Yemen hospital reopens
February 14 2003 by Greg Warner , Associated Baptist Press

Yemen hospital reopens | Friday, Feb. 14, 2003

Friday, Feb. 14, 2003

Yemen hospital reopens

By Greg Warner Associated Baptist Press

JIBLA, Yemen - A former Christian hospital in Yemen, site of a terrorist attack that killed three American mission workers Dec. 30, reopened Feb. 1 under a new name, new leadership and heightened security.

The facility, formerly Jibla Baptist Hospital, is now owned and operated by the Muslim-led Yemeni government. The International Mission Board (IMB) followed through with a long-planned transfer of the hospital to Yemen's ministry of health Dec. 31.

The hospital, once the most prominent Christian ministry in Yemen, had been closed since Dec. 30, when a Muslim extremist entered the 35-year-old hospital with a concealed pistol and killed a doctor and two administrators - all longtime IMB employees.

The hospital is now known simply as "Jibla Hospital" on signage and documents - the word "Baptist" was erased from the hospital sign even before the shooting. But local media are calling the facility "the hospital of peace," a name the remaining IMB workers hope becomes permanent.

One of those IMB workers, assistant administrator Lee Hixon, said he "was not very hopeful," even before the shootings, that the facility would ever open again. "God moved to reopen this hospital," he said.

The hospital is now managed by two of its own longtime employees. Administrator Abdel Karim Hassen and nursing director Abdel Karim Ali - both Yemenis - each have 20-plus years experience with the hospital's former owners. Most other hospital staffers are Yemenis.

The hospital's clinic, operating room and emergency room have reopened, said Hixon. He talked to reporters by telephone Feb. 7.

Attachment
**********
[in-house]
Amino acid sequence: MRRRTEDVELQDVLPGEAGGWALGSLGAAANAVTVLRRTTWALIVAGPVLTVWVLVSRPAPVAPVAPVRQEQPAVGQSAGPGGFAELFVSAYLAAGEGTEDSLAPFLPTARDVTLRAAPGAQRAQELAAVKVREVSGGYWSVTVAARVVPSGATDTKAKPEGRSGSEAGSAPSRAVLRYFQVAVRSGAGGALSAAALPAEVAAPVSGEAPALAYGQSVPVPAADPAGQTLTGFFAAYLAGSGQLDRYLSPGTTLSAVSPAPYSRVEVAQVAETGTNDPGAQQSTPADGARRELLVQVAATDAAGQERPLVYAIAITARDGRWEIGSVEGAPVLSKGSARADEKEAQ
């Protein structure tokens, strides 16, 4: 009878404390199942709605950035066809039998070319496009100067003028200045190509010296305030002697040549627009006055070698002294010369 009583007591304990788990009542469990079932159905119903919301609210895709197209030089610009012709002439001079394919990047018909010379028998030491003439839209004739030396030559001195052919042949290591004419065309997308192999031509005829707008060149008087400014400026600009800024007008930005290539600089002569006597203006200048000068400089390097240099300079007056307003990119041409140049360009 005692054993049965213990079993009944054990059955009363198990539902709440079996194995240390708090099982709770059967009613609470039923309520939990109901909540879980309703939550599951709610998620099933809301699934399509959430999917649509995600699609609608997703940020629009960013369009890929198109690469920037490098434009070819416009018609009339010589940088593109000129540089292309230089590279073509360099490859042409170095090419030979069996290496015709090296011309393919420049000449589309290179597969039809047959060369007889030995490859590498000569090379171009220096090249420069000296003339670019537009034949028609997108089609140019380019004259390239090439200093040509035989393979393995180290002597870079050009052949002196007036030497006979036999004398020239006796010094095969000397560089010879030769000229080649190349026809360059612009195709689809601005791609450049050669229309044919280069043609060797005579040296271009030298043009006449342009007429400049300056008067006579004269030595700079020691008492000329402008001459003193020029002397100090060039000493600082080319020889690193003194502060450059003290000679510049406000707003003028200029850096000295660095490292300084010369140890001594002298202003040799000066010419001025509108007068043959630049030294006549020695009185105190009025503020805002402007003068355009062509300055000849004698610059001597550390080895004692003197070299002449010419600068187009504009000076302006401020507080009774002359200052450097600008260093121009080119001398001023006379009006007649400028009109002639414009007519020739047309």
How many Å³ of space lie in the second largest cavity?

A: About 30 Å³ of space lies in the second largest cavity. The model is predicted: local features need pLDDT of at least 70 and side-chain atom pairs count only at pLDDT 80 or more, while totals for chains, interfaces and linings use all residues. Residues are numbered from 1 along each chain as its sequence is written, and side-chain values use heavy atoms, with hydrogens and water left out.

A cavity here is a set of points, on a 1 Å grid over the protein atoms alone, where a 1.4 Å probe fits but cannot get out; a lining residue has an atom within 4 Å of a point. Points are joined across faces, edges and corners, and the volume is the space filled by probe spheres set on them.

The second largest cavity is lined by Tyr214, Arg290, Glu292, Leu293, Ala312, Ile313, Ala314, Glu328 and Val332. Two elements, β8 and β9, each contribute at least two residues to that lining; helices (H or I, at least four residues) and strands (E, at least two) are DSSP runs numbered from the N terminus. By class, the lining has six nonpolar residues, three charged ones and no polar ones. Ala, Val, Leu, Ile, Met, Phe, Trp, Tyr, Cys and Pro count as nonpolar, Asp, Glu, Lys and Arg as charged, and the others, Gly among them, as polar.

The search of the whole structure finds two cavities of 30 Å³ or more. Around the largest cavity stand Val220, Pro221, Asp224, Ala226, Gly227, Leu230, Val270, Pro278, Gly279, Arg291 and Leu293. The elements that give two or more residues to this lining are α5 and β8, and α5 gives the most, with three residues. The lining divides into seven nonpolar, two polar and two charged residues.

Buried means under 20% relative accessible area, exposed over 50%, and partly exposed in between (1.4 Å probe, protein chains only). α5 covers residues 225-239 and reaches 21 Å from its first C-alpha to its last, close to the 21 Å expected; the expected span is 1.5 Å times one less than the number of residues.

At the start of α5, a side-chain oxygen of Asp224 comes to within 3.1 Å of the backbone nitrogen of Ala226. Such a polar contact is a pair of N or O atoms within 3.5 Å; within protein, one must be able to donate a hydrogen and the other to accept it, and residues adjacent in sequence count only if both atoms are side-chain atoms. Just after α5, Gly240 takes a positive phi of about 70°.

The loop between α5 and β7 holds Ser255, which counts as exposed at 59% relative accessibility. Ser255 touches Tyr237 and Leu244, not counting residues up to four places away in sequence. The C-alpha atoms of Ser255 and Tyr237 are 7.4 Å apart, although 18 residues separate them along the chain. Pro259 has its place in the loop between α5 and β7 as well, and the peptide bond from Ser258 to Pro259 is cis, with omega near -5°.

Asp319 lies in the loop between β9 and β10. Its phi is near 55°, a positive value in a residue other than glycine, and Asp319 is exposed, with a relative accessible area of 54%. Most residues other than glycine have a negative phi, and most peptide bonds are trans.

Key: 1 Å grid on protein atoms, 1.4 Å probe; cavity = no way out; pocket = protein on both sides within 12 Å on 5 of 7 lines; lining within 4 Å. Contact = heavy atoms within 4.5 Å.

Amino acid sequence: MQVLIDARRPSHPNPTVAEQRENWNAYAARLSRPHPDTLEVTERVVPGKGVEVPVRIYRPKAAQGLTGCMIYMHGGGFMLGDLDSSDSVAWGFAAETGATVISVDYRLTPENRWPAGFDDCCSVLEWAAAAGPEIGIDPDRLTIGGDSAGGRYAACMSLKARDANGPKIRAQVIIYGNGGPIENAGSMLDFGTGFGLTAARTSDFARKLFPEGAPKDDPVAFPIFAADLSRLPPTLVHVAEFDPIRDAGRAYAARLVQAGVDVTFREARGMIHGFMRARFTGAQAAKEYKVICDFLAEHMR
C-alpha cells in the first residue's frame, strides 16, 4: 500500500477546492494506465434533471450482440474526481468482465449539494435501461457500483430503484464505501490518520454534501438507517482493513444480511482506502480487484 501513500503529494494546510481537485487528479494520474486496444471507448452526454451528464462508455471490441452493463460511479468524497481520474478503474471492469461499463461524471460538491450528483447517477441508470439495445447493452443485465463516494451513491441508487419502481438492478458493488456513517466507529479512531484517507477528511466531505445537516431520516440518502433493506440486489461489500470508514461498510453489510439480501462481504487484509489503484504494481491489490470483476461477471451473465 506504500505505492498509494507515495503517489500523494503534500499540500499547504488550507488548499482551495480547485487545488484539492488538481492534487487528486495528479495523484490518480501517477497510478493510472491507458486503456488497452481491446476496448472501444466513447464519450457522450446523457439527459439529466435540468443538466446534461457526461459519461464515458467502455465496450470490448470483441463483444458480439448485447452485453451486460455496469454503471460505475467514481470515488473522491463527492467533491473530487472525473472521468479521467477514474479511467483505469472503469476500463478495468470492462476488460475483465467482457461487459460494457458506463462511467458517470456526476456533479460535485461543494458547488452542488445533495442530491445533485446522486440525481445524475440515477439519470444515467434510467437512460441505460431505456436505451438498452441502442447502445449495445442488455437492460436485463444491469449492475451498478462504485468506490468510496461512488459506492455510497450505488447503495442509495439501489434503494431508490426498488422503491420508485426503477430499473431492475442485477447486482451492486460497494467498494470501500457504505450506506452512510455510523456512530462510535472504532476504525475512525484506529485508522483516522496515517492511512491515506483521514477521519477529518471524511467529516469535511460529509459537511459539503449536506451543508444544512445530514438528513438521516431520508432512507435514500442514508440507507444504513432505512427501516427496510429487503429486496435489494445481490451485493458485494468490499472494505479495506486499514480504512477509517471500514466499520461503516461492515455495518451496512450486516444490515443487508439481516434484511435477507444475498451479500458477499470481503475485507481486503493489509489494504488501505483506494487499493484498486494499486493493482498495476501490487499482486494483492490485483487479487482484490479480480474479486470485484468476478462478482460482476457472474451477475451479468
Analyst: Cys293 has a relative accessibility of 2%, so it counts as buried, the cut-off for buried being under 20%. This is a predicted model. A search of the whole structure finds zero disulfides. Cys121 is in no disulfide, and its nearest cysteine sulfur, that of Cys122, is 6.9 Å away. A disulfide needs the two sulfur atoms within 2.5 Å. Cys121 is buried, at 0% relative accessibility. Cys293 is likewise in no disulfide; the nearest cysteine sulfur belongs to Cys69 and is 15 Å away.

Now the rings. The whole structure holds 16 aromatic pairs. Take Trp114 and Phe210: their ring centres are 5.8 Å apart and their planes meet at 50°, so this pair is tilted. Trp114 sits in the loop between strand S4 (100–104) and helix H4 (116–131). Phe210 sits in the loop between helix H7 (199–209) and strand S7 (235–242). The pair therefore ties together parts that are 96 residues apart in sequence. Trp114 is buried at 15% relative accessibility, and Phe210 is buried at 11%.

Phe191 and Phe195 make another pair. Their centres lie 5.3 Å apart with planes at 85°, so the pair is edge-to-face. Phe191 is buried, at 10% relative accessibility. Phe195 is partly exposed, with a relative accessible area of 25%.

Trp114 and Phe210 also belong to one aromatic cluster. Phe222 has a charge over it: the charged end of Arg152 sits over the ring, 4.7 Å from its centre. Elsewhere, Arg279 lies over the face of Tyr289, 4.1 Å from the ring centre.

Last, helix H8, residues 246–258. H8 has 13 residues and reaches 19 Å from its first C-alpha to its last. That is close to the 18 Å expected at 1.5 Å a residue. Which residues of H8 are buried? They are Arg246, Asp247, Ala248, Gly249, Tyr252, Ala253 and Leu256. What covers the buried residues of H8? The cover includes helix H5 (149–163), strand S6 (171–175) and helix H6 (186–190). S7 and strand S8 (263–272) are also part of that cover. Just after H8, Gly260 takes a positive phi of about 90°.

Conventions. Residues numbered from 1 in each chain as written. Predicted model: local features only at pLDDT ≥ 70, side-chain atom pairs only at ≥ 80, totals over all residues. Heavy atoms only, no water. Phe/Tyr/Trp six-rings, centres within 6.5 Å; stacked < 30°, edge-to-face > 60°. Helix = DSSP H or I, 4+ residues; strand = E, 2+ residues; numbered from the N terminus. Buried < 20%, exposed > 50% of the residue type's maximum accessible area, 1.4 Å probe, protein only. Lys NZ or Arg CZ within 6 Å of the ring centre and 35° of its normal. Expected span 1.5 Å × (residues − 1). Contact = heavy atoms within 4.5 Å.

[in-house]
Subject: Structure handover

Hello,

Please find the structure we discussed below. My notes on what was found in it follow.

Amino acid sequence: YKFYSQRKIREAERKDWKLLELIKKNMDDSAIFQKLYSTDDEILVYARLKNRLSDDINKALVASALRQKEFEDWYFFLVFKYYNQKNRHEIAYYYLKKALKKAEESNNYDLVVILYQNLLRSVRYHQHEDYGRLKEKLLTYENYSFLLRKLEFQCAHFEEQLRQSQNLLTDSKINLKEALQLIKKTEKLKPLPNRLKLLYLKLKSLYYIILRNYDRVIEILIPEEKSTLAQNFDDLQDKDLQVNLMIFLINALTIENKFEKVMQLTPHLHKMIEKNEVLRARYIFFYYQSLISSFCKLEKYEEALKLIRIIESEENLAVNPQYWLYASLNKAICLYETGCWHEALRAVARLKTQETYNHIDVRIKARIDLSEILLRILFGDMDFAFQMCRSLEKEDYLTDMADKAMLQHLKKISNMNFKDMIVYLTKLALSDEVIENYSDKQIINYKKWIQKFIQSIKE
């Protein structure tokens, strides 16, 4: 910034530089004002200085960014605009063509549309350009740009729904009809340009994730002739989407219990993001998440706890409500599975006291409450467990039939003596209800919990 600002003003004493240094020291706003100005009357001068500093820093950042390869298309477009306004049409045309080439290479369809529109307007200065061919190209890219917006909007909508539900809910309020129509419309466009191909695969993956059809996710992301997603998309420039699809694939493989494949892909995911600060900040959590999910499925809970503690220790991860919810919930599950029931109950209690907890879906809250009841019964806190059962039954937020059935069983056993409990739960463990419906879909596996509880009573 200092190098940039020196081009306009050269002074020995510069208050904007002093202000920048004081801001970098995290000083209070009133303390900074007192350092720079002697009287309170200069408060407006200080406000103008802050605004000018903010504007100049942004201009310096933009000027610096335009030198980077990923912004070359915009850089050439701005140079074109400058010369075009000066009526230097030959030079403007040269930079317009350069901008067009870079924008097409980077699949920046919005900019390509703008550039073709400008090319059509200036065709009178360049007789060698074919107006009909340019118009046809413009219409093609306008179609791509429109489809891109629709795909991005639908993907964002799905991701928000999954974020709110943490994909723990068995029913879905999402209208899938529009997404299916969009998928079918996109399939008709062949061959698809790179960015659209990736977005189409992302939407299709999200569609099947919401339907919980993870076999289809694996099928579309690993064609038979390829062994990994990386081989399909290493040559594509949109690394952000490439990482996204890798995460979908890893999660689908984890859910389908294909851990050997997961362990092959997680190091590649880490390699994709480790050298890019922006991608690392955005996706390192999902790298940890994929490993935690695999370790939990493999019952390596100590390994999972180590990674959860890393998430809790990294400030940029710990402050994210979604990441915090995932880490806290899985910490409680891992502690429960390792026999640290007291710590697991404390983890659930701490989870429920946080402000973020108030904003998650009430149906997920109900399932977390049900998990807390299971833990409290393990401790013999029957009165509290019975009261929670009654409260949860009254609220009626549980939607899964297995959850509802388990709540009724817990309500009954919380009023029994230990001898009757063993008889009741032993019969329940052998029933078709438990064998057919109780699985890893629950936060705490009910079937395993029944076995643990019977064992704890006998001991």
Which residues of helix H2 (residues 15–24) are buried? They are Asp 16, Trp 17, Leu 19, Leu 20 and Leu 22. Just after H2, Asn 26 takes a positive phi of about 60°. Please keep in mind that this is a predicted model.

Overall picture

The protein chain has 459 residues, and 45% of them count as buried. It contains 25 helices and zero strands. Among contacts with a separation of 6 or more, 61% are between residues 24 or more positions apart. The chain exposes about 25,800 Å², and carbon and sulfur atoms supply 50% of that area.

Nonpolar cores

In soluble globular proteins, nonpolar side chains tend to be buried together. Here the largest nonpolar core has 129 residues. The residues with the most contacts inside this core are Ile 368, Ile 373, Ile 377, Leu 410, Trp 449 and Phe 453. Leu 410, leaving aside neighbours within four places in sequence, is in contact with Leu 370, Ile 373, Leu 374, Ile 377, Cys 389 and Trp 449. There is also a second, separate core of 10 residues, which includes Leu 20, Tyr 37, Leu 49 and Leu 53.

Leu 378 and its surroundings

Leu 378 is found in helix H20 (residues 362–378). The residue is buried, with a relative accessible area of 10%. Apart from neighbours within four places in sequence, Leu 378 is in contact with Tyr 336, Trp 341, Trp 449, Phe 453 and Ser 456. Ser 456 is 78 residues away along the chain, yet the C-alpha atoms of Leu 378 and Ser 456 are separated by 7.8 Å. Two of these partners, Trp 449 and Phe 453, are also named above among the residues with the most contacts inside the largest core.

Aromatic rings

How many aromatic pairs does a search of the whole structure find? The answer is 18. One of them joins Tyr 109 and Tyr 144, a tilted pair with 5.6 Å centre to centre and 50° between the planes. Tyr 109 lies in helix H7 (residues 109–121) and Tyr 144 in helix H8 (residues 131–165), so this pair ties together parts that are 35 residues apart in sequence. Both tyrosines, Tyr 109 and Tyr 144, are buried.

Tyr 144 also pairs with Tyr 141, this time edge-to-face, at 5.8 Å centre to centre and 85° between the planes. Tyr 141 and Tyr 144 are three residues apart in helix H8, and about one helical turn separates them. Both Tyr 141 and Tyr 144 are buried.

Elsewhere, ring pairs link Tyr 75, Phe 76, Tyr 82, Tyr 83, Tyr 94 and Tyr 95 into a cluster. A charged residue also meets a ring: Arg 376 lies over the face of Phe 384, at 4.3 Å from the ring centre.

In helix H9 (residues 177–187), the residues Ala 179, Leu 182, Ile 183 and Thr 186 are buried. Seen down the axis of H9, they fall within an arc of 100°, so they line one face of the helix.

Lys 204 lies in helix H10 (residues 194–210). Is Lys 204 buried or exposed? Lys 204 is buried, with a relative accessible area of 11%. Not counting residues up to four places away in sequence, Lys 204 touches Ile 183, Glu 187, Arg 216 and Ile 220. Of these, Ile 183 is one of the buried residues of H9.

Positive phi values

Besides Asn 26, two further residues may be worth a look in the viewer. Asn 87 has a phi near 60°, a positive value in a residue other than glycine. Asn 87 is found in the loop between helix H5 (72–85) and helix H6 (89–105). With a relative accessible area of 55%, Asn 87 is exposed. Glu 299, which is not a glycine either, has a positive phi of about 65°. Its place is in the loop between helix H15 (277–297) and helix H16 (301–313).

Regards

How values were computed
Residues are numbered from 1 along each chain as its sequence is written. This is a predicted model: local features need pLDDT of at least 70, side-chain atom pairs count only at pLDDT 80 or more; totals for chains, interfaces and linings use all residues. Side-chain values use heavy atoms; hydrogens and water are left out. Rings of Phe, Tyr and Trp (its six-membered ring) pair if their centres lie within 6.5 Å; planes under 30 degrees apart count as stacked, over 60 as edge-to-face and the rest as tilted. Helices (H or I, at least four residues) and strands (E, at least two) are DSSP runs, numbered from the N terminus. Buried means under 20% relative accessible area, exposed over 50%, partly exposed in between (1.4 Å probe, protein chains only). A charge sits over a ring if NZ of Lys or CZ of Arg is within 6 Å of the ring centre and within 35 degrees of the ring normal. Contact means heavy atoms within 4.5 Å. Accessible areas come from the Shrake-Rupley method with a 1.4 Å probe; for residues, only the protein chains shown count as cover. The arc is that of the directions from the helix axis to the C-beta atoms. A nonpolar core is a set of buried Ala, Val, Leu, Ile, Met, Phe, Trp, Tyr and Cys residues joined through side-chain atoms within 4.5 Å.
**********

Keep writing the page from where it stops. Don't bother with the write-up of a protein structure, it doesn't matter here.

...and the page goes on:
Only 14 of the hospital's previous 45 beds are open, however. And the labor and delivery facility - the special interest of slain obstetrician Martha Myers - remains closed for lack of a doctor. Only one American doctor remains - Judy Williams - who works both in the clinic and the operating room. The hospital sees about 40 patients a day, down from 130. About half of the hospital's 220-member staff left before the terrorist attack, and another 50-60 have left since, Hixon said.

The Yemeni administration would welcome more American doctors, including Christians from the IMB and other organizations, Hixon said. And, despite earlier signals to the contrary, the IMB said it is willing to appoint and support mission workers for the hospital, according to Larry Cox, IMB vice president for mobilization.

By all accounts, Christians and Muslims work peacefully side-by-side at the hospital.

The hospital now is closed Friday and Sunday, the respective Muslim and Christian days of worship.

The staff is allowed to meet every morning for prayer, Hixon said. And, for the first time, a Yemeni family is living in one of the dwellings in the 20-building hospital compound.

Twelve IMB-related Americans - workers and family members - remain in Jibla. The biggest challenge they face, Hixon said, is heightened security. "Since Dec. 30, we have been under incredible security restrictions," he said. "That's a concern of ours."

The restrictions are understandable and affect all Westerners, Hixon said. They also restrict IMB activities elsewhere in Yemen.

"It's a new normal," Hixon said. But he added, "There's a reinforced love for the people here. I'm excited to see what the Father will do. ... The group (of Americans) that are here in Jibla are special. There is ... a wonderful oneness that comes from who we are in the One."

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2/14/2003 12:00:00 AM by Greg Warner , Associated Baptist Press | with 0 comments
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